- Nicole Kidman (The Paperboy) for best supporting actress, for a tiny and eccentric indie film that hasn't been particularly well-reviewed or widely distributed. This probably is a testament to the value of having a big name on a screener or screening invitation when trying to persuade voters to check out your film over others.
- Maggie Smith (The Best Exotic Marigold Hotel) for best supporting actress, for essentially playing a big-screen version of the bitter and acerbic character that she plays so well on the little-screen show Downton Abbey -- for which she also was nominated Wednesday.
Not being nominated for a SAG Award does not necessarily mean a contender will not be nominated for an Academy Award. Just ask Gary Oldman (Tinker Tailor Soldier Spy), Rooney Mara (The Girl With the Dragon Tattoo), and Max von Sydow (Extremely Loud and Incredibly Close), who overcame SAG snubs to Oscar nominations last year. Indeed, over the 18 years in which the former have been presented, 64 people who were not nominated for it still went on to be nominated for the latter -- or three or four per year, on average. It does, however, almost always mean that a contender will not win an Academy Award, based on the fact that only one person has ever been snubbed for the former but gone on to win the latter: Marcia Gay Harden, for Pollock, 12 years ago.
- Several films that were not ready for screenings and/or to be sent out on screeners until very late in the game were, not surprisingly, under-represented or altogether snubbed Wednesday. Sony's Zero Dark Thirty, which has dominated the critics' awards group circuit, was sent out only a few days ago, and because its screeners had to be watermarked to safeguard against the film leaking online prior to its theatrical release -- an extremely expensive process -- it was sent to only a portion of SAG's nominating committee. The film's star Jessica Chastain still managed to score a best actress nomination, but its cast was not acknowledged in the best ensemble category. Even less fortunate were The Weinstein Co.'s Django Unchained and Focus Features' Promised Land, which were completely shut out.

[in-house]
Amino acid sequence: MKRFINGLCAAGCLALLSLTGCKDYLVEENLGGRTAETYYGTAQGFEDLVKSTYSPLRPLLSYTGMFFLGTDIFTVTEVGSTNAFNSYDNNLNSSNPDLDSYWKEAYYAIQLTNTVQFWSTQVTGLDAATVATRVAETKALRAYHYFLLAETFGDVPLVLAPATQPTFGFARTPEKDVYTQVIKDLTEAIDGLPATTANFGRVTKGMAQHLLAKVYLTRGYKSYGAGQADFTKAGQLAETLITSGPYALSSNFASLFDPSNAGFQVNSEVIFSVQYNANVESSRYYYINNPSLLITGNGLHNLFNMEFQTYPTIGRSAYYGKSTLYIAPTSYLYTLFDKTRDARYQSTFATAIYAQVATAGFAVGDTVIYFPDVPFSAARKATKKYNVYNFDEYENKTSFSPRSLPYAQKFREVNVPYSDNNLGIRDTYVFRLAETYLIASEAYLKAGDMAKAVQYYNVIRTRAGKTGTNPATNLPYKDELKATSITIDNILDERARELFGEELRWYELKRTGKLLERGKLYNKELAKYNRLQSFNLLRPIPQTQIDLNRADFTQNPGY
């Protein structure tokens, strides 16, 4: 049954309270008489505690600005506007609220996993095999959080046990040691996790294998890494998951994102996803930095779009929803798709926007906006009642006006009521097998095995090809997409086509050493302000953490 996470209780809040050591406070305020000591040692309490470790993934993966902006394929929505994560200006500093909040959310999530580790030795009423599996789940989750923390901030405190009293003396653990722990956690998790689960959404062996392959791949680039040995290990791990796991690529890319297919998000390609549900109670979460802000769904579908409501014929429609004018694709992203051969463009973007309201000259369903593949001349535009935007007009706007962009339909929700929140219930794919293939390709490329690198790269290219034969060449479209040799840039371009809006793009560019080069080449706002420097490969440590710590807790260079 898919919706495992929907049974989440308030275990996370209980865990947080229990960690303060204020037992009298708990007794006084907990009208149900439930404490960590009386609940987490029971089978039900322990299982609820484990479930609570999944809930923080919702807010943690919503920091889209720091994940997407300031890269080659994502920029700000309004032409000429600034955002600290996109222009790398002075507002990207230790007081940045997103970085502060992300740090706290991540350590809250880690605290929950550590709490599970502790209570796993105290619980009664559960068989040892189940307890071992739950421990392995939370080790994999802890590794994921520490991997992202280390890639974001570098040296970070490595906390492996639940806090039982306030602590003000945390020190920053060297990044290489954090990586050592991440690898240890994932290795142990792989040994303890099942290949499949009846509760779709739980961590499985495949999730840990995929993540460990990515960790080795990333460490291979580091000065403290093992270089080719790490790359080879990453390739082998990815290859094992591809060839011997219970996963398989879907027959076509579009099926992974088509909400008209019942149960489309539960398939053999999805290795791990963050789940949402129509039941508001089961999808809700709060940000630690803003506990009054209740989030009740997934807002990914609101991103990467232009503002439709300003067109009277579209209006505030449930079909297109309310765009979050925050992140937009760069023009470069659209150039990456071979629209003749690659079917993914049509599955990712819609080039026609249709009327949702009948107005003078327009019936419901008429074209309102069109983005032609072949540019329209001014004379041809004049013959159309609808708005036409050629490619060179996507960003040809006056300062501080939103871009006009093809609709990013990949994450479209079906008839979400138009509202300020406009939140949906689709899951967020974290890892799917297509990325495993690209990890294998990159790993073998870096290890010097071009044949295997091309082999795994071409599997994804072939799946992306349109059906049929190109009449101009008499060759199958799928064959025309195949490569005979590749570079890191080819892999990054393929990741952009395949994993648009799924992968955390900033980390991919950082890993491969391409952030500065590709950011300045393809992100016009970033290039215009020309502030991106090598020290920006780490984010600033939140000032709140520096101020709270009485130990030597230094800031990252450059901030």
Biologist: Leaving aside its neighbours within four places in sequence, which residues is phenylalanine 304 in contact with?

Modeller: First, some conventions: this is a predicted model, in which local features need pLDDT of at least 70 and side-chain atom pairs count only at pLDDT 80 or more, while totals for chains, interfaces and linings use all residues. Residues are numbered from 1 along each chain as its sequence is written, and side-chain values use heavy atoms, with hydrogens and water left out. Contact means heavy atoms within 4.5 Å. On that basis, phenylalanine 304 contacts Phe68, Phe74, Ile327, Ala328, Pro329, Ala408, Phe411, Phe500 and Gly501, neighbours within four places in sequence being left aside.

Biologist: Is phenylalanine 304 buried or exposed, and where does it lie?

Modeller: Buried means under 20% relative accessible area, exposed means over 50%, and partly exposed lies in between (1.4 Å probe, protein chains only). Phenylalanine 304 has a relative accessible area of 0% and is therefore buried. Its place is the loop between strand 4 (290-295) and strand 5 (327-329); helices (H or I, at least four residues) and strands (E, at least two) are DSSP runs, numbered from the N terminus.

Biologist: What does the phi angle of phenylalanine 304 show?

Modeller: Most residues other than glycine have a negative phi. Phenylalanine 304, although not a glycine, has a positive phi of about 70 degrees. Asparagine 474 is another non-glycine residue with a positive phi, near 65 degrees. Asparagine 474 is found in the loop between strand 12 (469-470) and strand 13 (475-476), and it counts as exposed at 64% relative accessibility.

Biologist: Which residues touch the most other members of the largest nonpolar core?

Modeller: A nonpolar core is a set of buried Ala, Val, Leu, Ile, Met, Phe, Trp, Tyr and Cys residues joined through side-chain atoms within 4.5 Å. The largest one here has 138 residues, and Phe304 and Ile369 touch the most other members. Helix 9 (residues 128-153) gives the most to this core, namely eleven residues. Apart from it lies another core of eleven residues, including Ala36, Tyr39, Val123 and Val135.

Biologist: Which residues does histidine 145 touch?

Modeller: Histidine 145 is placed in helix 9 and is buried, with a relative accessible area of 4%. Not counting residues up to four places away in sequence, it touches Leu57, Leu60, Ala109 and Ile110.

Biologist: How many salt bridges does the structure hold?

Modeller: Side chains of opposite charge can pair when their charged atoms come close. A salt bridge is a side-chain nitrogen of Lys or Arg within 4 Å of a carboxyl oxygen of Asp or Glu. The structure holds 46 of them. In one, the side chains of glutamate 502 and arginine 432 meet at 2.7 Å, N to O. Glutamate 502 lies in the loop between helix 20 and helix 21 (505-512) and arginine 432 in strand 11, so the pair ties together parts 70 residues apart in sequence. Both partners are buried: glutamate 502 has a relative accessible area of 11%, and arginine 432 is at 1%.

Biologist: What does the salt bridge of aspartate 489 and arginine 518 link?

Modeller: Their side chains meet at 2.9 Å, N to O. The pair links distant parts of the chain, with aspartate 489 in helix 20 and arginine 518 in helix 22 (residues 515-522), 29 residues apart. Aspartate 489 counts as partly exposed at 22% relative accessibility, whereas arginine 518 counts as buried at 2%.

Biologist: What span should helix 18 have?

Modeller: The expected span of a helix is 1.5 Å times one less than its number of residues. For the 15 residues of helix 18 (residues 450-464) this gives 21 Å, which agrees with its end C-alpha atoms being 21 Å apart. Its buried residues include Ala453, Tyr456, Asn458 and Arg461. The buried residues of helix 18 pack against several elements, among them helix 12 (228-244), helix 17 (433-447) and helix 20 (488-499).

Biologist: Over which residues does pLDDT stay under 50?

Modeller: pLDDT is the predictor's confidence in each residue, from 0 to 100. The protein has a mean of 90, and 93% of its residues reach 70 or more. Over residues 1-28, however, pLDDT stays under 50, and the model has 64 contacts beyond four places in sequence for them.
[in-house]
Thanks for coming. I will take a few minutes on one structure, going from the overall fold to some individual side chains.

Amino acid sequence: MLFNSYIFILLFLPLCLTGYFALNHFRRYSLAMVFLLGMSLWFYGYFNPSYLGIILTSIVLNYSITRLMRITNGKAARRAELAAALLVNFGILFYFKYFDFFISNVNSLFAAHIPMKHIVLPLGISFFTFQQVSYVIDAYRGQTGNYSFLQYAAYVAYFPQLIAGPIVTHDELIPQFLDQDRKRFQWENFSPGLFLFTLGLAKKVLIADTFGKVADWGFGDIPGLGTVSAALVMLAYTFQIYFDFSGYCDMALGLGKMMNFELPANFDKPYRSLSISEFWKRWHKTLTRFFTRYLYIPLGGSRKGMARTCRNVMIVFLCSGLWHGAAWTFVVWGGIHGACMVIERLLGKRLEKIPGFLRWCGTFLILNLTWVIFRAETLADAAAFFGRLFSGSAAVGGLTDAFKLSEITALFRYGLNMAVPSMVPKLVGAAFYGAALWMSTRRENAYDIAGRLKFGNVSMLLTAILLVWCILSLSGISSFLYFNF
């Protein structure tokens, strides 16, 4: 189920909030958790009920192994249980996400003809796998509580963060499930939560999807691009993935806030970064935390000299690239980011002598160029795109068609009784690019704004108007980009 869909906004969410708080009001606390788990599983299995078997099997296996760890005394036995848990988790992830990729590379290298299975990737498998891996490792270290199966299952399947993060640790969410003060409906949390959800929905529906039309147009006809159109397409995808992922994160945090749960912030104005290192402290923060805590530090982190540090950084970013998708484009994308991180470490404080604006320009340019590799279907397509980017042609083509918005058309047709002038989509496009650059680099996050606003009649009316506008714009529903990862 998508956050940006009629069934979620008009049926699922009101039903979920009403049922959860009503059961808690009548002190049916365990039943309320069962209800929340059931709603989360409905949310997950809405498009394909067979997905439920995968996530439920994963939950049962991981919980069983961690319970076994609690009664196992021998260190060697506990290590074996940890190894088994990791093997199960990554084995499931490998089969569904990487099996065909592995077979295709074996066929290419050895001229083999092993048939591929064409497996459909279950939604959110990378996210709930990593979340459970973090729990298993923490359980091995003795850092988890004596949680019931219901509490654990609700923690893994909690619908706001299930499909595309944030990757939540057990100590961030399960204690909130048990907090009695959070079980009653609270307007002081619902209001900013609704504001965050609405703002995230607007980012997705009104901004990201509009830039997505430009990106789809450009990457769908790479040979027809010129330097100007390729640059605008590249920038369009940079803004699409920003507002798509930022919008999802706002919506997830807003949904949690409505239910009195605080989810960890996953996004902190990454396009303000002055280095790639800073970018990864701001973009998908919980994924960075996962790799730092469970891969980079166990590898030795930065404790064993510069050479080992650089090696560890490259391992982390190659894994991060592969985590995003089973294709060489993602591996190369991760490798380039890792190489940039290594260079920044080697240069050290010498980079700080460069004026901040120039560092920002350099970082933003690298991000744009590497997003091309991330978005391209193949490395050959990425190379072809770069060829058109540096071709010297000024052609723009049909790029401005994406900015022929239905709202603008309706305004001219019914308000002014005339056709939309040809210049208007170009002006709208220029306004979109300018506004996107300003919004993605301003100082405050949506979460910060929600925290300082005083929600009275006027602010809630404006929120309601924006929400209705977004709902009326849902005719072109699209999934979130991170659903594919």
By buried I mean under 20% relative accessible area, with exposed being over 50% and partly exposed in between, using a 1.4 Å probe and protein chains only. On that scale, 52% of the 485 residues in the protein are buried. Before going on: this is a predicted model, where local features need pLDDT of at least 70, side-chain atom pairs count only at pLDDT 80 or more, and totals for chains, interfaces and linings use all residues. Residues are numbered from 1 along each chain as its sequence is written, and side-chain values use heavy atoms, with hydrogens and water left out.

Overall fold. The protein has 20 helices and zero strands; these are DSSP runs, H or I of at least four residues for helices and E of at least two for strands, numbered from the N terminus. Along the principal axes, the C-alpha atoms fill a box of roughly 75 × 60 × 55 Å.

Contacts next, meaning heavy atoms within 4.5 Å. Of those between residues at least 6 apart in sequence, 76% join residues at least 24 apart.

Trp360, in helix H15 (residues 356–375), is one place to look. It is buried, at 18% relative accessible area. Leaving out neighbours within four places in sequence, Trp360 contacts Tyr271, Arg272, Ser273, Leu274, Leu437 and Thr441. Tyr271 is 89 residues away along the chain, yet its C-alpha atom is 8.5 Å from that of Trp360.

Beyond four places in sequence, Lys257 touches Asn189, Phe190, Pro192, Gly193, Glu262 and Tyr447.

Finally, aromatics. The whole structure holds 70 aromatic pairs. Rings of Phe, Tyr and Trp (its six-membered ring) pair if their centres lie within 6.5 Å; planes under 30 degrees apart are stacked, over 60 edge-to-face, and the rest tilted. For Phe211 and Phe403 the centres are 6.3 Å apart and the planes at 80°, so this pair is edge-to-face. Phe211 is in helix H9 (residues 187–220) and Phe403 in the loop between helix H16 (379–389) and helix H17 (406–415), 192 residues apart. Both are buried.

- A number of other presumptive best picture Oscar contenders were completely snubbed Wednesday, which could prove problematic for them down the road, since only a small handful of the 84 best picture Oscar winners have won without also carrying at least one acting Oscar nomination. (The last to do so was Slumdog Millionaire four years ago.) The most prominent films that were not represented in the acting races today: 20th Century Fox's Life of Pi; Focus Features' Anna Karenina and Moonrise Kingdom; Open Road Films' End of Watch; Sony Pictures Classics' Amour; Warner Bros.' Cloud Atlas, The Dark Knight Rises and The Hobbit: An Unexpected Journey; and The Weinstein Co.'s The Intouchables and Quartet.
- Another film that largely was snubbed is The Weinstein Co.'s The Master, which, at one time not all that long ago, was regarded as a front-runner in this year's awards races and was widely expected to be an across-the-board contender at the SAG Awards. In the end, though, it was left off the lists for best ensemble, best actor (Joaquin Phoenix) and best supporting actress (Amy Adams)' its sole representative among the nominees was Philip Seymour Hoffman for best supporting actor.
- All but three of this year's SAG Award acting nominees were also nominated Wednesday for the Critics' Choice Movie Award: Helen Mirren (Hitchcock) for best actress; Nicole Kidman (The Paperboy) for best supporting actress; and Maggie Smith (The Best Exotic Marigold Hotel) for best supporting actress. Meanwhile, five Critics' Choice Movie Award nominees were not nominated Wednesday for a SAG Award: Joaquin Phoenix (The Master) for best actor, Emmanuelle Riva (Amour) for best actress; Quvenzhane Wallis (Beasts of the Southern Wild) for best actress; Matthew McConaughey (Magic Mike) for best supporting actor; Judi Dench (Skyfall) for best supporting actress; and Ann Dowd (Compliance) for best supporting actress.